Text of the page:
Gamble of the week: Novelty chocolate maker

This profitable niche confectionary maker is proving a hit with the supermarkets, says Paul Hill. But with competition fierce, it's a buy for the brave.

Fancy a can of Guinness gourmet nuts, a box of Famous Grouse Truffles or even a Tango Easter egg? These are some of the specialist foods made by Zetar that have been flying off the shelves. The maker of novelty chocolate (68% of sales) and natural snacks (32%) has also struck a deal with Unilever to license Marmite for its new range of flavoured nuts: this comes on top of similar deals with Branston, Vimto and Bailey's.

Zetar wisely doesn't try to bang heads with the gorillas of the industry like Nestl, Cadbury's and PepsiCo. It succeeds by creating niche brands, as well as providing premium private-label products and seasonal items such as advent calendars.

Its own stable of brands ranges from Humdinger and Fruit Factory in snacks, to Kinnerton and Lir in confectionery. Together these brands (including licences) account for 34% of turnover, and probably a much larger share of profits.

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This balanced approach has two big advantages: it helps defend profits during today's hard times, and it allows Zetar to nurture its relationships with the big supermarkets. By offering increasingly differentiated products, and not getting dragged into a brutal price war, Zetar generated solid operating margins of 4.9% in 2011.

Zetar (AIM: ZTR)


Outside the UK, the firm is building up its export arm (9% of sales) with the opening of a sales office in northern France. It has made good progress in obtaining listings with the big French retailers for Christmas 2012 and next Easter.

Edison expects revenues and earnings per share of £144m and 41.5p for the year ending April 2013, rising to £154m and 45p 12 months later. The shares trade on less than 5.5 times earnings, and pay a 1.6% dividend yield. I would value the stock on a seven times EBITA multiple. Adjusting for net debt of £10.8m, that gives a value of 350p per share.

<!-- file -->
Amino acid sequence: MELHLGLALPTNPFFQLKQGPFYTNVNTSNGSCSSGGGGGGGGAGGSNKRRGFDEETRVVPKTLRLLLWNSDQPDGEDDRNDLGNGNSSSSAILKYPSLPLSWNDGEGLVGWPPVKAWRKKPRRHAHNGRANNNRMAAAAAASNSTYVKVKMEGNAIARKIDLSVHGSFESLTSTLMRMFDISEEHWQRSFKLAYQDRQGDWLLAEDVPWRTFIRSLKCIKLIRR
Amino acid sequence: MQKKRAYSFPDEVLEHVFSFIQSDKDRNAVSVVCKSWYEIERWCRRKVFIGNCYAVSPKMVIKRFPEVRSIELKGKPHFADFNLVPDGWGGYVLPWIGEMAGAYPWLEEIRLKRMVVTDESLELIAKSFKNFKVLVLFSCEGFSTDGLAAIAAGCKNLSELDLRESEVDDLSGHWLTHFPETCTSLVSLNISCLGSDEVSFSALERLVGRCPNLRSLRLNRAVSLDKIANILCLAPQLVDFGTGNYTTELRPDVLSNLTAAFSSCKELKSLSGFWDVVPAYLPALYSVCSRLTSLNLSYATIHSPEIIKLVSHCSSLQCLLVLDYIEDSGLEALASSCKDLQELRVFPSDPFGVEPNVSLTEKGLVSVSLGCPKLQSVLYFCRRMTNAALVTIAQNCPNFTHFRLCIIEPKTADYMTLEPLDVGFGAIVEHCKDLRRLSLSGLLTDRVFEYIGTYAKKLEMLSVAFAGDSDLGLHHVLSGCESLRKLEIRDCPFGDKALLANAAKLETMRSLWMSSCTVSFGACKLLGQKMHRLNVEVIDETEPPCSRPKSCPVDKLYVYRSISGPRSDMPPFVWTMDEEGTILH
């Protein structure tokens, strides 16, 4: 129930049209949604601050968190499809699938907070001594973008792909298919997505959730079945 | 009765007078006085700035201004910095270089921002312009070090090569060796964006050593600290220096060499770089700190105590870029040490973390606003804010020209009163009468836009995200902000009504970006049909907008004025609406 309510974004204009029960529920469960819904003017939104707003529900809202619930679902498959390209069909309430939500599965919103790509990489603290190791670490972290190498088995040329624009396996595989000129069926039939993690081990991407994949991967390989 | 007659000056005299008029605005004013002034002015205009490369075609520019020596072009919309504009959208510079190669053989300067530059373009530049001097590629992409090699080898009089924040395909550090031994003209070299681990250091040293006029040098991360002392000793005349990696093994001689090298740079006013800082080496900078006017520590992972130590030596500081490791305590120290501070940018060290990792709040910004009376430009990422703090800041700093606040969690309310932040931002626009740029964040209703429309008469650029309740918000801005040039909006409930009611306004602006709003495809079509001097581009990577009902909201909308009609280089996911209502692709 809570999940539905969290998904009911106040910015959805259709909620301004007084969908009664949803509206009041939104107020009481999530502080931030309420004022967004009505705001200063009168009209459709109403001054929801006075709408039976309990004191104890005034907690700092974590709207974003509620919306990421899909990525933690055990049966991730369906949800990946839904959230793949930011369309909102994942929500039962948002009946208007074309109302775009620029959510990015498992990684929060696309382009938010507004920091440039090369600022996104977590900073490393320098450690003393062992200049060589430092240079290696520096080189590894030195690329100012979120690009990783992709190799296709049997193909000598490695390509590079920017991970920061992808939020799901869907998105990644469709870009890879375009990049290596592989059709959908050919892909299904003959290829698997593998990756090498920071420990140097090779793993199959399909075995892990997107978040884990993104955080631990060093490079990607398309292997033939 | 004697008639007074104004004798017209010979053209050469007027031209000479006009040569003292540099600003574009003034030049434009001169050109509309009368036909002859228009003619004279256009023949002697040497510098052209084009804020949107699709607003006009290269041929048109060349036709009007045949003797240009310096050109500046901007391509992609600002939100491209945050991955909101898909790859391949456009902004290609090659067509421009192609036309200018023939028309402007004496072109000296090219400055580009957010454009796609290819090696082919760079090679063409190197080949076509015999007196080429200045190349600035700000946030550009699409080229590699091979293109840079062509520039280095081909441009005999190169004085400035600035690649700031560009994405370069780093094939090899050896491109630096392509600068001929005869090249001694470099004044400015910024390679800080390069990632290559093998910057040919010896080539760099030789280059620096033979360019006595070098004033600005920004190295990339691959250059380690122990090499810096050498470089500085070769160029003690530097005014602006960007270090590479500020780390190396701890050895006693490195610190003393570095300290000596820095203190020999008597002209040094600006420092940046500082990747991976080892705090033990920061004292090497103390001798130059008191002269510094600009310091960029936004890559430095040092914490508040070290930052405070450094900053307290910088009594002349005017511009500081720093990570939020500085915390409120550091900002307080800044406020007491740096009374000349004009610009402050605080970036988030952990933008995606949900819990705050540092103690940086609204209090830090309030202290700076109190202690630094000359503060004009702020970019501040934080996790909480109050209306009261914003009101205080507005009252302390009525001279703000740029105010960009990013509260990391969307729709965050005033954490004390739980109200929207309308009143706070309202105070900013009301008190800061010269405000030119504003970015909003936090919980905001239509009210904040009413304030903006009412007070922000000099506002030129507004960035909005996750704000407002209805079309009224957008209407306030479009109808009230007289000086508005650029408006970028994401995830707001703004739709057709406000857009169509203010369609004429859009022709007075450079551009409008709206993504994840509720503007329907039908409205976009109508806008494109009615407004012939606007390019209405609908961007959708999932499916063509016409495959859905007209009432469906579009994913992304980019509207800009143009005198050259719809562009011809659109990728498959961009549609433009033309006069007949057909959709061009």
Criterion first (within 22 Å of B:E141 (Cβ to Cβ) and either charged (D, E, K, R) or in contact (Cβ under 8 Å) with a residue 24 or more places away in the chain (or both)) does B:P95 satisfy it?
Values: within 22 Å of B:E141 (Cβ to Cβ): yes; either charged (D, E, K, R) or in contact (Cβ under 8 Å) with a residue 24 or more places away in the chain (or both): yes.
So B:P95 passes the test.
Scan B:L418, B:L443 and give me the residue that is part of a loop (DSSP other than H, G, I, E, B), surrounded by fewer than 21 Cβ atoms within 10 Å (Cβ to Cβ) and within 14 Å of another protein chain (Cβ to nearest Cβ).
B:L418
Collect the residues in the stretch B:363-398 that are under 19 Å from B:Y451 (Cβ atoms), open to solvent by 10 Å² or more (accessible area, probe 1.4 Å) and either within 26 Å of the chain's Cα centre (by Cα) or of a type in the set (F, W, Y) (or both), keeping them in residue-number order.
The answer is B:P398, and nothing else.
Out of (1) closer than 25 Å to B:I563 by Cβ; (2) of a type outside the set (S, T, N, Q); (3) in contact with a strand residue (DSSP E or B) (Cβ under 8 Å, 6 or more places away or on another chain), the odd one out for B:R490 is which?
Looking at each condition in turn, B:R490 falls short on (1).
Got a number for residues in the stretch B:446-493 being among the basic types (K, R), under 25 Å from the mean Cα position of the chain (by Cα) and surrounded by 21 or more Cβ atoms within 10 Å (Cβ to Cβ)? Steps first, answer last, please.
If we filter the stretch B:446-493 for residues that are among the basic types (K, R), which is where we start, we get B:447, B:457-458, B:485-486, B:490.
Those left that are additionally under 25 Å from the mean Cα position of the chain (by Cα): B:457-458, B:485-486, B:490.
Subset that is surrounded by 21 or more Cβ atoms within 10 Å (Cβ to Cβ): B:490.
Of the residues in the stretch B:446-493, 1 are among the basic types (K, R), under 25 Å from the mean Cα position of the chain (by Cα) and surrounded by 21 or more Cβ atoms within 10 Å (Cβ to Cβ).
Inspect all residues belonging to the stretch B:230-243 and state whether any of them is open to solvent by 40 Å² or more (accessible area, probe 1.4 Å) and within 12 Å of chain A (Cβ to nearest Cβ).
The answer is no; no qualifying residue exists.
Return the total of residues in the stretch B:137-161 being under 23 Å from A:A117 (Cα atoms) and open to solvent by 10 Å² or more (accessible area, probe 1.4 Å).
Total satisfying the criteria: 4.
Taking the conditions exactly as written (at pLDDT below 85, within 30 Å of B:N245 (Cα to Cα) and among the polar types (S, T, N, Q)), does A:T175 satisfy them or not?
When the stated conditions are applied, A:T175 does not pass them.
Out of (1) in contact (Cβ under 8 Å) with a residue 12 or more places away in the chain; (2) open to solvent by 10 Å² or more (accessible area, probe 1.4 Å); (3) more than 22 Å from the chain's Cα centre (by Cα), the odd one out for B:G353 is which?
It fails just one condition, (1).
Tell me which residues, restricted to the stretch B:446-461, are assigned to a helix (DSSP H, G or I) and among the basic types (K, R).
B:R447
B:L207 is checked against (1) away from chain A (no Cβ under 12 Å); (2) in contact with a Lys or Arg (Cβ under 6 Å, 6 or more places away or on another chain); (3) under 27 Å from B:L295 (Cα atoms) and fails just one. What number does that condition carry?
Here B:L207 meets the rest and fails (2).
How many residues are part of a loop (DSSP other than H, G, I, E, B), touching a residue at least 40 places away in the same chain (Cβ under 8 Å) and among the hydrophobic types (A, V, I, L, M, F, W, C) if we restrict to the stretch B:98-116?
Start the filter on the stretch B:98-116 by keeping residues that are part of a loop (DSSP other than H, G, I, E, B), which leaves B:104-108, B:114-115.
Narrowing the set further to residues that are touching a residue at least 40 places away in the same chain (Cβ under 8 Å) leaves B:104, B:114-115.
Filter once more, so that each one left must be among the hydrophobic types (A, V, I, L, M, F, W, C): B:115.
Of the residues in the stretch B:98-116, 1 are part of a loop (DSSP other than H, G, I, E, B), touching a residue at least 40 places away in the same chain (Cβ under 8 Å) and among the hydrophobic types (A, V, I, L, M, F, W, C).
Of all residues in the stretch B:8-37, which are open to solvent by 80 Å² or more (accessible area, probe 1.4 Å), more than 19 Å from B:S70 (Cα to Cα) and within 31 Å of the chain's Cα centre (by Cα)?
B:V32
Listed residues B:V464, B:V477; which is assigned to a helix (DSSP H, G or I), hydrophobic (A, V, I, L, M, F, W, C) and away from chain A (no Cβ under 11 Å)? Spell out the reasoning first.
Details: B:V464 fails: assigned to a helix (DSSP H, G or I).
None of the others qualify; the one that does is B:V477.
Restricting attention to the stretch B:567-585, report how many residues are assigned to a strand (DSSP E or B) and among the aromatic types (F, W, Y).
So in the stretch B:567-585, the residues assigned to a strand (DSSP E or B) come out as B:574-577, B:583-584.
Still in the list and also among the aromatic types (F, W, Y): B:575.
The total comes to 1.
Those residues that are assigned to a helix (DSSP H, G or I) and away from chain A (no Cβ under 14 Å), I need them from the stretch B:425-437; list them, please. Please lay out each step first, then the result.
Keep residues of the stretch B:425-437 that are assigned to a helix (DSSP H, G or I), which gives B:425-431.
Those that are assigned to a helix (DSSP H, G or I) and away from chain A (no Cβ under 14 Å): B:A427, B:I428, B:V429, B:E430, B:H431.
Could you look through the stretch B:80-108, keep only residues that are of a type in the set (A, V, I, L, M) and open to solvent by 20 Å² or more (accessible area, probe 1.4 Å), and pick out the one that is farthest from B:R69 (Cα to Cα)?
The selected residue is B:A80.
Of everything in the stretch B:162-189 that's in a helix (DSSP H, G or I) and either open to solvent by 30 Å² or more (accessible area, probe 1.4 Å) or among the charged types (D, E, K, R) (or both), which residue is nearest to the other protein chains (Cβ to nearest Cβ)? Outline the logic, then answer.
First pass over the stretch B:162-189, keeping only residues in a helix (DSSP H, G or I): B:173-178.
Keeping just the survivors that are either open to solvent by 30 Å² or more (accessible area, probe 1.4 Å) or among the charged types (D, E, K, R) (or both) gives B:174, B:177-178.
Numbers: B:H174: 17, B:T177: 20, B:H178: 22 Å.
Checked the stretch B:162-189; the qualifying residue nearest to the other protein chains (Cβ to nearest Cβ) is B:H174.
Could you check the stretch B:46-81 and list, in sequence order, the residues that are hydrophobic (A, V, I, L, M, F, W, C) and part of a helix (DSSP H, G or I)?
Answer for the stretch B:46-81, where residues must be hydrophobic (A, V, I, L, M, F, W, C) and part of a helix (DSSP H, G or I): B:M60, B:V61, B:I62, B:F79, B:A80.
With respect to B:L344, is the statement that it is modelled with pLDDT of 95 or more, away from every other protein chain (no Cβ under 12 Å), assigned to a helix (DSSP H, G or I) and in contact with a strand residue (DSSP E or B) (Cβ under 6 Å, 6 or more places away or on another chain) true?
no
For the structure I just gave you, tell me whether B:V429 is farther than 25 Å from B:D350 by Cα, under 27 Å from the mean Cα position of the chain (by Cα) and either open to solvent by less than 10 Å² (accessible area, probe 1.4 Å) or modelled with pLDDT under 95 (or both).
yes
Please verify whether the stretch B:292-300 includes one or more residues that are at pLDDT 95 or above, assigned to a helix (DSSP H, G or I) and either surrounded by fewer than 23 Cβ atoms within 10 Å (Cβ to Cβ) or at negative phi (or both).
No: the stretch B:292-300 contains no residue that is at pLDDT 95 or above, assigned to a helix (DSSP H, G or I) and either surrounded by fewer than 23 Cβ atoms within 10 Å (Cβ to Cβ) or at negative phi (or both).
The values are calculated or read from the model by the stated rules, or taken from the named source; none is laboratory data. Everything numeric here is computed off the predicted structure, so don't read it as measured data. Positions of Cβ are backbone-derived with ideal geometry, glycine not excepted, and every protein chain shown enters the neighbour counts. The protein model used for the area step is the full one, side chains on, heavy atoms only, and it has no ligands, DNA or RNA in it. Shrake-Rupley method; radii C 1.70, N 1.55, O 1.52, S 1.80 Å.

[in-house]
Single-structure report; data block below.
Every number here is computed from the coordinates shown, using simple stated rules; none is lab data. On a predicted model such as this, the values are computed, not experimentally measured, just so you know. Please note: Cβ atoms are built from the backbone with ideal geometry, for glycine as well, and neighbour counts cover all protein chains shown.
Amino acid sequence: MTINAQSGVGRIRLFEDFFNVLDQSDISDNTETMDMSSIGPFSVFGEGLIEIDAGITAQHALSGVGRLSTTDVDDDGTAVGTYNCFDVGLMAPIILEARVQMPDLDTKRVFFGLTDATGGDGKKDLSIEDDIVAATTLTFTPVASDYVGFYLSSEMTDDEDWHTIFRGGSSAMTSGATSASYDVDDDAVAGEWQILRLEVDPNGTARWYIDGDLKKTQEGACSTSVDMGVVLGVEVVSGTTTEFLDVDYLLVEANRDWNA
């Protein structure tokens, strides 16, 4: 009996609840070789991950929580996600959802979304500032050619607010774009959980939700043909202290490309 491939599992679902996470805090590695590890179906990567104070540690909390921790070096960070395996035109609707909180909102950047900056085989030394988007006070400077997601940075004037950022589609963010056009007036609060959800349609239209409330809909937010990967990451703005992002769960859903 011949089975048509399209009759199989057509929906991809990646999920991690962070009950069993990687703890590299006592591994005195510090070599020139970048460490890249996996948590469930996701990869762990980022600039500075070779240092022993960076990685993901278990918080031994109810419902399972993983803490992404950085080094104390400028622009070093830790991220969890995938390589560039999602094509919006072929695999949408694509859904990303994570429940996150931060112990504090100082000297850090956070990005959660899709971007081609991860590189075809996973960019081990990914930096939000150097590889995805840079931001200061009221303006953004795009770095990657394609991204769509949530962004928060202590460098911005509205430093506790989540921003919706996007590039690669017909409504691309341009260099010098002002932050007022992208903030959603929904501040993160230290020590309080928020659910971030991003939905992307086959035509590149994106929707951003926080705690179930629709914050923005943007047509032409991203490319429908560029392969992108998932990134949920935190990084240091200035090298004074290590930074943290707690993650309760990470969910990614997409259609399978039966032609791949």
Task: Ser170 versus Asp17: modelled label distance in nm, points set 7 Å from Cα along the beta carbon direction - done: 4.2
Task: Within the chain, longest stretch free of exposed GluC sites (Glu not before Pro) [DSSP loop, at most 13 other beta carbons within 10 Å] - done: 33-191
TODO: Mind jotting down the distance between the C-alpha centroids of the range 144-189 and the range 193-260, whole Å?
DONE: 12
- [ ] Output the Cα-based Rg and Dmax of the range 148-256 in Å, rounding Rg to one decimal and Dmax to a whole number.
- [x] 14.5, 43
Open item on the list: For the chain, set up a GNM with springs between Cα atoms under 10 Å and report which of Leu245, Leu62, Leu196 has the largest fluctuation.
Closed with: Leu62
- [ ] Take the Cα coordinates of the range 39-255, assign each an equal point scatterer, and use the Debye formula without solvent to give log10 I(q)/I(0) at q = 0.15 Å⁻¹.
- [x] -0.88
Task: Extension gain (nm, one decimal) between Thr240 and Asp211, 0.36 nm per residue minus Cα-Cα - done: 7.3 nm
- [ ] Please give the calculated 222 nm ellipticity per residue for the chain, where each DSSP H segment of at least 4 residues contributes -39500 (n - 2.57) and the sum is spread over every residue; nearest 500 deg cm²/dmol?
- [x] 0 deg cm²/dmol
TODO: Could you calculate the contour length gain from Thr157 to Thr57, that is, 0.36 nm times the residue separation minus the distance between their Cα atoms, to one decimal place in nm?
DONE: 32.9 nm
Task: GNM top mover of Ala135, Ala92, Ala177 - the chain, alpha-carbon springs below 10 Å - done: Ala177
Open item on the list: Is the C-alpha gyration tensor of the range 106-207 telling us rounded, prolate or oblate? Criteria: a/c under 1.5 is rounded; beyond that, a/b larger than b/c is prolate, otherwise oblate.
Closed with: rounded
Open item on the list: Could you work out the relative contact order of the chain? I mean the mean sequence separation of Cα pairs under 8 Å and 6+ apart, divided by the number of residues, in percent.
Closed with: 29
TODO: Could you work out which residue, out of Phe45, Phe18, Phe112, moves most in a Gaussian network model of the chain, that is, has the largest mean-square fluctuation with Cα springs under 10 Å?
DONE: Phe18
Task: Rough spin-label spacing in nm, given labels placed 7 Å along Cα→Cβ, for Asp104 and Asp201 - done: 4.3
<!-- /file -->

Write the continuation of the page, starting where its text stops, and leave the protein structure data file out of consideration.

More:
When it comes to risk, this relative minnow is exposed to commodity price movements; the seasonality of the industry (with its dependence on Easter and Christmas); ongoing price pressure; and the harsh consumer backdrop. But the shares are not expensive, and the firm has natural defensive qualities given that many of its products are deemed to be inexpensive treats.

Better still, trading in the new financial year began well. Like-for-like sales in the first 11 weeks were up 7%, partly helped by pre-sales ahead of the Olympics. Chief exective Ian Blackburn added that "a combination of private label business, the launch of new licensed brands and a growing revenue from everyday confectionery products gives us confidence that 2013 will yield a strong uplift on 2012." The next statement is out on 1 October.

Rating: SPECULATIVE BUY at 218p (market cap £28m)

Paul gained a degree in electrical engineering and went on to qualify as a chartered management accountant. He has extensive corporate finance and investment experience and is a member of the Securities Institute.

Over the past 16 years Paul has held top-level financial management and M&A roles for blue-chip companies such as O2, GKN and Unilever. He is now director of his own capital investment and consultancy firm, PMH Capital Limited.

Paul is an expert at analysing companies in new, fast-growing markets, and is an extremely shrewd stock-picker.